I founded One25 back in 1995 whilst I was working for the Salvation Army. I was running a drop-in for homeless people, but mostly homeless, heavy drinking men came into the drop-in. And I was aware of the female sex workers, but who didn’t come into the project because they didn’t feel comfortable. I talked to a few of them. I took a questionnaire out to twenty five of them and asked them what they wanted.
“What would help them?” And they said “a women only space”. That really got me thinking. Then I had a sabbatical leave, I went off to Chicago to work in a women’s project there , working with the female sex workers. At the end of that, they said to me, “you need to be going back to your home and getting on with it, working with the women”. So I came back, resigned from the Salvation Army and started One25 properly.
To start with I just went out by myself. Mad really, I went out with a rucksack on my back with a flask of hot chocolate, packet of cigarettes in my pocket, some chocolate bars, and I just went around, walked around St. Paul’s in the evenings, approaching the women and saying, “how can we help you if we have a women only project?” They were in a very poor state. At that time in ‘95 they were being pimped. Rather than having partners they had controlling men who were not using drugs; the women were using drugs, but their pimps were not.
I was approached by pimps as well and asked if I would go round the corner and give a cup of hot chocolate to their woman; it was all very odd. They weren’t threatening because they didn’t see me as a threat. I think they just saw me as a slightly mad woman who wanted to give cigarettes and hot chocolate to their women. I wasn’t in any way threatening. I also gave condoms. My husband, bless him, paid for a thousand condoms a month for years because, of course, we had no money. Well, a Catholic priest, Raphael Appleby, he and I used to pray together about the situation in St Pauls, he said, “what do you need?” And I said, “well, I really need a base” and Raphael let me have the basement of his house, which is 125 Cheltenham Road.
So that’s where the name came from and that’s where we started. At that point I also approached Sister Annaliese and Sister Mary and Dorothy Milne who was the recently retired senior consultant from the Milne Centre, the sexual health clinic. So we four women kind of just started meeting in the basement of 125 Cheltenham Road. We were complete novices, all four of us really, with working women.
I offered God a prayer of having a van before the winter, please. Within a week, a man turned up who was the leader, from Cornerstone Ministries with a log book of a Ford Transit van and said, “Am I right in thinking you want a van?” “Yes, I said, but we haven’t got any money”. And he handed over the logbook. If you’ve ever tried insuring a vehicle to work with female sex workers; quite difficult! So it took a couple of months for me to raise money for the insurance.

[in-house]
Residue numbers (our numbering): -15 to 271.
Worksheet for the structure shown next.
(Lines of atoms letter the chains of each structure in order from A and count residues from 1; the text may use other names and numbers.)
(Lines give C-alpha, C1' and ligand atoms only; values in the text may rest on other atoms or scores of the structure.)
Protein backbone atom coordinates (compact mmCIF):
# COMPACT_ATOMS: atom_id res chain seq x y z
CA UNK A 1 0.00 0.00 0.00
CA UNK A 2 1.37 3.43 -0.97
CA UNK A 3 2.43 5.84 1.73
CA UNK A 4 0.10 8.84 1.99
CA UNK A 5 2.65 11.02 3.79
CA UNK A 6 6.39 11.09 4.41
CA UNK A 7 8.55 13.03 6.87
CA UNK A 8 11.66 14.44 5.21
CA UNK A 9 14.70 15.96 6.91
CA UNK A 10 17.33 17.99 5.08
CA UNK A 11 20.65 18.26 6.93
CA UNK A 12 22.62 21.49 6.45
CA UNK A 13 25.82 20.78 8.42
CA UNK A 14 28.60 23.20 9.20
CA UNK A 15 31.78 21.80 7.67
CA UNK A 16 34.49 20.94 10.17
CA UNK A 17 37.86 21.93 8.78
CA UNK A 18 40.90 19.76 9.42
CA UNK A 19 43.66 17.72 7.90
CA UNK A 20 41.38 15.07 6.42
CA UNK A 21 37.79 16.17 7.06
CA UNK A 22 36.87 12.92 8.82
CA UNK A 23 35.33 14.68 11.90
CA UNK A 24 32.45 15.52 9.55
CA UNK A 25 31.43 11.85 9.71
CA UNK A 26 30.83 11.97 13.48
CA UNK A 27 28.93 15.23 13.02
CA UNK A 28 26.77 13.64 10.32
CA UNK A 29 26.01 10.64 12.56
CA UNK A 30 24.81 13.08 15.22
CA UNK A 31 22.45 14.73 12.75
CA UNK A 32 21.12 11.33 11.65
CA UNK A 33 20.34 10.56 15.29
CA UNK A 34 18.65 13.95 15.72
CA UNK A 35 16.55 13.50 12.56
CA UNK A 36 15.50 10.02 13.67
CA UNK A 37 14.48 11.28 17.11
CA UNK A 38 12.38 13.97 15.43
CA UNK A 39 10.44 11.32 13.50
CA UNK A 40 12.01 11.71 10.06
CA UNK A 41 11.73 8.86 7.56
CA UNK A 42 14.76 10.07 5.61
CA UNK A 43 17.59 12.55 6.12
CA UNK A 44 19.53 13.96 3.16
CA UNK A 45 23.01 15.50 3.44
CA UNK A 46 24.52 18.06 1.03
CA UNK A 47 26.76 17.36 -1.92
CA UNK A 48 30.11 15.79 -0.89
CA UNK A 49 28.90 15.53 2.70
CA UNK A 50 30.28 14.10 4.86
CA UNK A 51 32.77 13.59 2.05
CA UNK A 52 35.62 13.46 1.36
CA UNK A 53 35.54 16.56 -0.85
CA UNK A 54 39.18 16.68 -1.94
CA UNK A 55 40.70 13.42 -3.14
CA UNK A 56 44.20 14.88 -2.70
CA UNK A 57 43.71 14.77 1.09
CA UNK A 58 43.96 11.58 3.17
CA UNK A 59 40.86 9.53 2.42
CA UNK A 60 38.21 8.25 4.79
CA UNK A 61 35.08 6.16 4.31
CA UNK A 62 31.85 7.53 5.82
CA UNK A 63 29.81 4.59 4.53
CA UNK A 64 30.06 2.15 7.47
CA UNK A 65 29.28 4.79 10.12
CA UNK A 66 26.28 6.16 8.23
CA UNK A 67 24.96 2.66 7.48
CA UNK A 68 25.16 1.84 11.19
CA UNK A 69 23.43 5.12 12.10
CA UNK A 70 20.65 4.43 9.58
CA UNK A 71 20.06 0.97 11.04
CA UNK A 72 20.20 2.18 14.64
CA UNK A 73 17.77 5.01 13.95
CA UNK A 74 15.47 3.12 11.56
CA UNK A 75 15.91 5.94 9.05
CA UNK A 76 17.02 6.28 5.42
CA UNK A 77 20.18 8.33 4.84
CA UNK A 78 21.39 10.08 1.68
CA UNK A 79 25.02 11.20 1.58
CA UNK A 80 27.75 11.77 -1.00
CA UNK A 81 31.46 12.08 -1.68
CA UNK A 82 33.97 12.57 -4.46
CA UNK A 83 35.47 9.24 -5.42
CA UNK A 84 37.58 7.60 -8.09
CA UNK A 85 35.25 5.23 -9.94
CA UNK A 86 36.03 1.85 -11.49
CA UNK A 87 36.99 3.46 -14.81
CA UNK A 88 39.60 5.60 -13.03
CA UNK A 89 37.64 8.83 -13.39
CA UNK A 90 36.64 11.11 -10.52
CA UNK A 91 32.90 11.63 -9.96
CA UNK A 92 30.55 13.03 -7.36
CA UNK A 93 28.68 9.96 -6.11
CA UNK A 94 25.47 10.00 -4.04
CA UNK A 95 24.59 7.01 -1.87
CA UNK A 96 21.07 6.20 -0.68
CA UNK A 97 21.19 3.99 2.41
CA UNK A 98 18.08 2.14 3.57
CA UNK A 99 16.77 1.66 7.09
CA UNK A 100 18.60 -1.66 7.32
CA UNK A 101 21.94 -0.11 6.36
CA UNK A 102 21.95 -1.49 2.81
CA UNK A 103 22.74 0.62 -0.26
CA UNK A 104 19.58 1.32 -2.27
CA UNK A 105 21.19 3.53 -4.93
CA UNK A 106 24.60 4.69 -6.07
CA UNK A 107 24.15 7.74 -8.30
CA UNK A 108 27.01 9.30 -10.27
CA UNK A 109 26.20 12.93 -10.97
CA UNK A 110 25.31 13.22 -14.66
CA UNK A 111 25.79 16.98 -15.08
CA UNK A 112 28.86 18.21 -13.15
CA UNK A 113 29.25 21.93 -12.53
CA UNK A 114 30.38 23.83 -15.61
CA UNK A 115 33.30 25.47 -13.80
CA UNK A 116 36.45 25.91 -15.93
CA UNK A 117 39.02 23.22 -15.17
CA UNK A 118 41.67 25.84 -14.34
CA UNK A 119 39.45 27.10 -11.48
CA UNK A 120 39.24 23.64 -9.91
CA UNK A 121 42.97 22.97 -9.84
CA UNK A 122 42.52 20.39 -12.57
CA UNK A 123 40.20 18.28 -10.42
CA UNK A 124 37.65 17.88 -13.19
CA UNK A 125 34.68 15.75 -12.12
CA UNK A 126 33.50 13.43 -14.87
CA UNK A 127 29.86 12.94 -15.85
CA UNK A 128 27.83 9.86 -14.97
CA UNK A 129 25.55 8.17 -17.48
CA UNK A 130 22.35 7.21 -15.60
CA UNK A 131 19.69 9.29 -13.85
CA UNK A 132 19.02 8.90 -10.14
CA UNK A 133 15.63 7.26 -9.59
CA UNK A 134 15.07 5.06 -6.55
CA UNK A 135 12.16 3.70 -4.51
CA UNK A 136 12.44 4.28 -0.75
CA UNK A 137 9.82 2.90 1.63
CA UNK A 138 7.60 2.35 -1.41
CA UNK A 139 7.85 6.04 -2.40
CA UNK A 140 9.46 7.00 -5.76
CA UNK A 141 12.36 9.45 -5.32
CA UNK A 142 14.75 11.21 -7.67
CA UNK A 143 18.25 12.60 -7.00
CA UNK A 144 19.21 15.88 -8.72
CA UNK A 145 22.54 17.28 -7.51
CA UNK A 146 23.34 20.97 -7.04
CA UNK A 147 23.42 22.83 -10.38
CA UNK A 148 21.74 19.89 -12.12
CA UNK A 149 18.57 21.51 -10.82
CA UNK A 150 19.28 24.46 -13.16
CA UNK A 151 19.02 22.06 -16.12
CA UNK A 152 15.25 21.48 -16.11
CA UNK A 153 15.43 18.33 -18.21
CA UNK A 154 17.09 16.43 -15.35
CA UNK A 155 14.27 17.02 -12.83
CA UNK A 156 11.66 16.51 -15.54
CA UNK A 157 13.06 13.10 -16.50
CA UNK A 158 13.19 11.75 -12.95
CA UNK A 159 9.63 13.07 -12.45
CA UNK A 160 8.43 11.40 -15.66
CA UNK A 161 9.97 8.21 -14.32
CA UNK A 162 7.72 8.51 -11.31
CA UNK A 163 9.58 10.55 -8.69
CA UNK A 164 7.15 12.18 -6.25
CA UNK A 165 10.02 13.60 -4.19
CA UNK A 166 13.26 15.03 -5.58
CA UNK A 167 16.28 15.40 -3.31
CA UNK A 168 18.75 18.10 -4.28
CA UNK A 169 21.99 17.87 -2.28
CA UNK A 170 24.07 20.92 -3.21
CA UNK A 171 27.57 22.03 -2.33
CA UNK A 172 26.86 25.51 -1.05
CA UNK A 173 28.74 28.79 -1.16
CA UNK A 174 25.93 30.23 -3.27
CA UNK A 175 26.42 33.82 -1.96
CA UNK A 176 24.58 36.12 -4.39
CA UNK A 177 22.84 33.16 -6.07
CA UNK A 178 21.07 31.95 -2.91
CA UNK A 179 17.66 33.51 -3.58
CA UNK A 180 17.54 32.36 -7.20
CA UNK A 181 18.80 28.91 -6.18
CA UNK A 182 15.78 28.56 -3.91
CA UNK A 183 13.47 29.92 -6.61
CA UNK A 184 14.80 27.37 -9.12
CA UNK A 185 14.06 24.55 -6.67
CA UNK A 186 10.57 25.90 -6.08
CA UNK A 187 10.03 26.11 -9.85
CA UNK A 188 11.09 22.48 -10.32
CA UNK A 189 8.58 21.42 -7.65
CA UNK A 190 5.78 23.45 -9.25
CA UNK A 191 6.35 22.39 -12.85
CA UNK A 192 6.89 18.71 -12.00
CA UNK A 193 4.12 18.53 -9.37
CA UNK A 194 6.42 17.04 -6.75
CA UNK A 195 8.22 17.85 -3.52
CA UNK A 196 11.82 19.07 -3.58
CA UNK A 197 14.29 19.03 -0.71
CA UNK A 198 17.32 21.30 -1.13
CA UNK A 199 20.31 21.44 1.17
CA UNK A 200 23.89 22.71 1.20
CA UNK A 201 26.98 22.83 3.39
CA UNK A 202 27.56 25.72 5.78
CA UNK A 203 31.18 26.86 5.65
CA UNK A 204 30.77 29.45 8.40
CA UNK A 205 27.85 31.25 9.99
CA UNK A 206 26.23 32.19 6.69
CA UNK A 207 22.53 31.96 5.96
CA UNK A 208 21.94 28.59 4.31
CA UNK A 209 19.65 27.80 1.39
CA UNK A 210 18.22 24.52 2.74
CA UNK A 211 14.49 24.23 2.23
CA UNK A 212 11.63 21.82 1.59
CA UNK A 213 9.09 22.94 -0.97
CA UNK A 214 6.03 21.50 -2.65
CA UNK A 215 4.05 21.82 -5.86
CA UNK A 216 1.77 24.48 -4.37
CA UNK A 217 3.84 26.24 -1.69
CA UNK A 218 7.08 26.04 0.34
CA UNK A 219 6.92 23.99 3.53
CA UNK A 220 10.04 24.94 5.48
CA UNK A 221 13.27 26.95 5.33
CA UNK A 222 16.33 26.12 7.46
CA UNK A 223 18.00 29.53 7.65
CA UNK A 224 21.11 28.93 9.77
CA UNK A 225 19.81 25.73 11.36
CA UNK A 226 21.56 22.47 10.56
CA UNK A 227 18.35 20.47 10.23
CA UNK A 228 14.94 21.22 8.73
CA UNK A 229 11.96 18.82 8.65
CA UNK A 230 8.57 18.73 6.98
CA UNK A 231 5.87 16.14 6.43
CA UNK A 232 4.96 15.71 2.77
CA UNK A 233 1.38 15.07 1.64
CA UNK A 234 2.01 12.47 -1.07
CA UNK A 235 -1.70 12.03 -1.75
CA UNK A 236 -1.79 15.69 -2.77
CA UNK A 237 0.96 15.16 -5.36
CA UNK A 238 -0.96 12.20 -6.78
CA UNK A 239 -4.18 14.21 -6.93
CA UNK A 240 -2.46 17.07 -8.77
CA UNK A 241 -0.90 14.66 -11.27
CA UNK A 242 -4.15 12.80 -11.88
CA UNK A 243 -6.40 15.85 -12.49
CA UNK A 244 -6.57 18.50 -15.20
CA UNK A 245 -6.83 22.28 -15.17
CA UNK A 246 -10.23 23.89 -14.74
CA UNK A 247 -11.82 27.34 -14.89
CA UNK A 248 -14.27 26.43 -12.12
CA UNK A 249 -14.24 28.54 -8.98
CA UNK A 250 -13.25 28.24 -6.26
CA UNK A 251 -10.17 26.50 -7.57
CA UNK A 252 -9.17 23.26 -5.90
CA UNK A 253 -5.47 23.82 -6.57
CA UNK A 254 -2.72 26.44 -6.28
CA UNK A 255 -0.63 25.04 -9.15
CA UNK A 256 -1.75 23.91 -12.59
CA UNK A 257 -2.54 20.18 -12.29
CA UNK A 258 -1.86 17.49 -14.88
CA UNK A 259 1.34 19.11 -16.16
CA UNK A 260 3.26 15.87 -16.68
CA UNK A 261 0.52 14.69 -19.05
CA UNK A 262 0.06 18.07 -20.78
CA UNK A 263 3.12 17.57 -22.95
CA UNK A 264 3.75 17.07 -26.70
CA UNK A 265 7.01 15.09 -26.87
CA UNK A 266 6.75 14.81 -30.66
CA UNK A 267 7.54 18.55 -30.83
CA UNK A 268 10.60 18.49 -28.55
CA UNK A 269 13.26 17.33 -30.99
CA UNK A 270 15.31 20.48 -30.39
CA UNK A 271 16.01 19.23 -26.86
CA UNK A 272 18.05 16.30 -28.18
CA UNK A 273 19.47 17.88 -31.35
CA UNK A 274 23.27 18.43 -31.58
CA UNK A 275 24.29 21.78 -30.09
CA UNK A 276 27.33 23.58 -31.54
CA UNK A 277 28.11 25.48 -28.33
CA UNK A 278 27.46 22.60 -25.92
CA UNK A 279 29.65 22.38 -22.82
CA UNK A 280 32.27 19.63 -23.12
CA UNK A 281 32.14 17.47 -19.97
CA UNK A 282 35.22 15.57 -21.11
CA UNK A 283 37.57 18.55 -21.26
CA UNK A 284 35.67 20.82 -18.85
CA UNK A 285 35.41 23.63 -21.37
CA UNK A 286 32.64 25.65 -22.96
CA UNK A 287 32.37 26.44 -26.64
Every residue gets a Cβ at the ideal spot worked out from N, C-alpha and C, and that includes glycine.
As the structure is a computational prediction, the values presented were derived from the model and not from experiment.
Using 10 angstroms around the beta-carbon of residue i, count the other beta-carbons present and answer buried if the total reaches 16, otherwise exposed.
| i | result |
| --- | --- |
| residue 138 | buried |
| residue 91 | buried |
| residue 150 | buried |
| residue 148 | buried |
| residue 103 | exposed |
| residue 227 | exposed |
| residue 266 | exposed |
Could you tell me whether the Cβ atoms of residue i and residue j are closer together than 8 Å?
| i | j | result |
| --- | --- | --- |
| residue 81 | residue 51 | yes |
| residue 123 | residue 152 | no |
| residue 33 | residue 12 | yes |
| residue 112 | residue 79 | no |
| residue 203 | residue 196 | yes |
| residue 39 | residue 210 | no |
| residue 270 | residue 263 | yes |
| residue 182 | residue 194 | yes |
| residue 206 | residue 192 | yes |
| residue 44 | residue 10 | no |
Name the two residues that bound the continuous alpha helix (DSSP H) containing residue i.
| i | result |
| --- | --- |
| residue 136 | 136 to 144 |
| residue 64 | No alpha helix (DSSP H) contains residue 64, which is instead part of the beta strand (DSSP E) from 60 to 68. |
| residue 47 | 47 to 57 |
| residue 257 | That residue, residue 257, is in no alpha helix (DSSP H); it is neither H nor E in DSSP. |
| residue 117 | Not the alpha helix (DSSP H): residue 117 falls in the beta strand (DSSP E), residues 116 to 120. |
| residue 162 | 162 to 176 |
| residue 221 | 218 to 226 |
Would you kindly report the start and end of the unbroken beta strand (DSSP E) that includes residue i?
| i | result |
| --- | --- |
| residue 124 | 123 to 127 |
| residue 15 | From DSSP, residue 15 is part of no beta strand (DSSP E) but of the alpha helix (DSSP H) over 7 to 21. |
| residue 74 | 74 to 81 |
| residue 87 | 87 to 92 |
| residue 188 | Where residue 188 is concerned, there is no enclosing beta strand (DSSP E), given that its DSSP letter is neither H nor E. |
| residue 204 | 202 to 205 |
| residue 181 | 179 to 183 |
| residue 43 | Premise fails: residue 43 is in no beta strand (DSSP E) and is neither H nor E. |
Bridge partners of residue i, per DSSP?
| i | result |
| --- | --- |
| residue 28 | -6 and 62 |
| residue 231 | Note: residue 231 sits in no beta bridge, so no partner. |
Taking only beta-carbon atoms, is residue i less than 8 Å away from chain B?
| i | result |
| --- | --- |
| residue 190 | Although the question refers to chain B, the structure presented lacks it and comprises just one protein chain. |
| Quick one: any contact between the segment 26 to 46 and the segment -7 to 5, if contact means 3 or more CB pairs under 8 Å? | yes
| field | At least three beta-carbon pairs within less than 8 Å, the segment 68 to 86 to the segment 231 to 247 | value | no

But once we had that van, we were on the road and the project transformed quickly. We could drive a further distance and invite women into the space if it was raining, it was cold they could come in. We had hot water bottles and all kinds of things, blankets, and they could have more food, sandwiches, as we do now. They loved it. They really loved it. They used to look out for us
The first Christmas that we had the van, a volunteer, actually, gave me 50 pounds to buy some Christmas presents for the women. I bought 50 pink roses and as we went around handing out 50 pink roses, the first woman who came on said, “what are you on? Nobody gives something for nothing.” And then we said, “Well, we just want to just want to give you a gift at Christmas.” This was Christmas Eve. And she cried and we cried and then she got off the van. The as we drove around, we saw all these women standing there with their rose. What did that say to them and what did it say to the punters?
I’ve got so many memories of those women, they changed my life.
I guess I would like to share a very sad memory. And that was the memory of a funeral of a baby.
The mother was in prison when she had the baby. She contacted me and said that the baby had died a cot death and would I support her at the funeral? She arrived handcuffed to a warder. There was a very simple service, it was a burial and there were just for the mourners just the mother, the warder and myself. That memory lives with me. I shall never forget it. But there are also many happy memories.
Christmas, the Christmas celebrations, the parties were wonderful. We used to take the families to the Bristol Old Vic, to the panto and oh, that was very special. The kids loved it and we managed to get them invited up onto the stage and the actors were really quite special with them. Then we’d all go back to One25 for a party in the Grosvenor Centre. It was so joyous.
My hope is that One25 in the future will keep the women in their hearts, that it will be a heart project.
I know that’s difficult. You have to be professional, but that they’ll continue to be a voice on behalf of the women and to help each woman to reach their full potential, because they’ve got so much.
Happy birthday everyone – One25, the volunteers, the staff, especially the women. I wish you all a very Happy 25th Birthday and lots and lots of love from me. Thank you.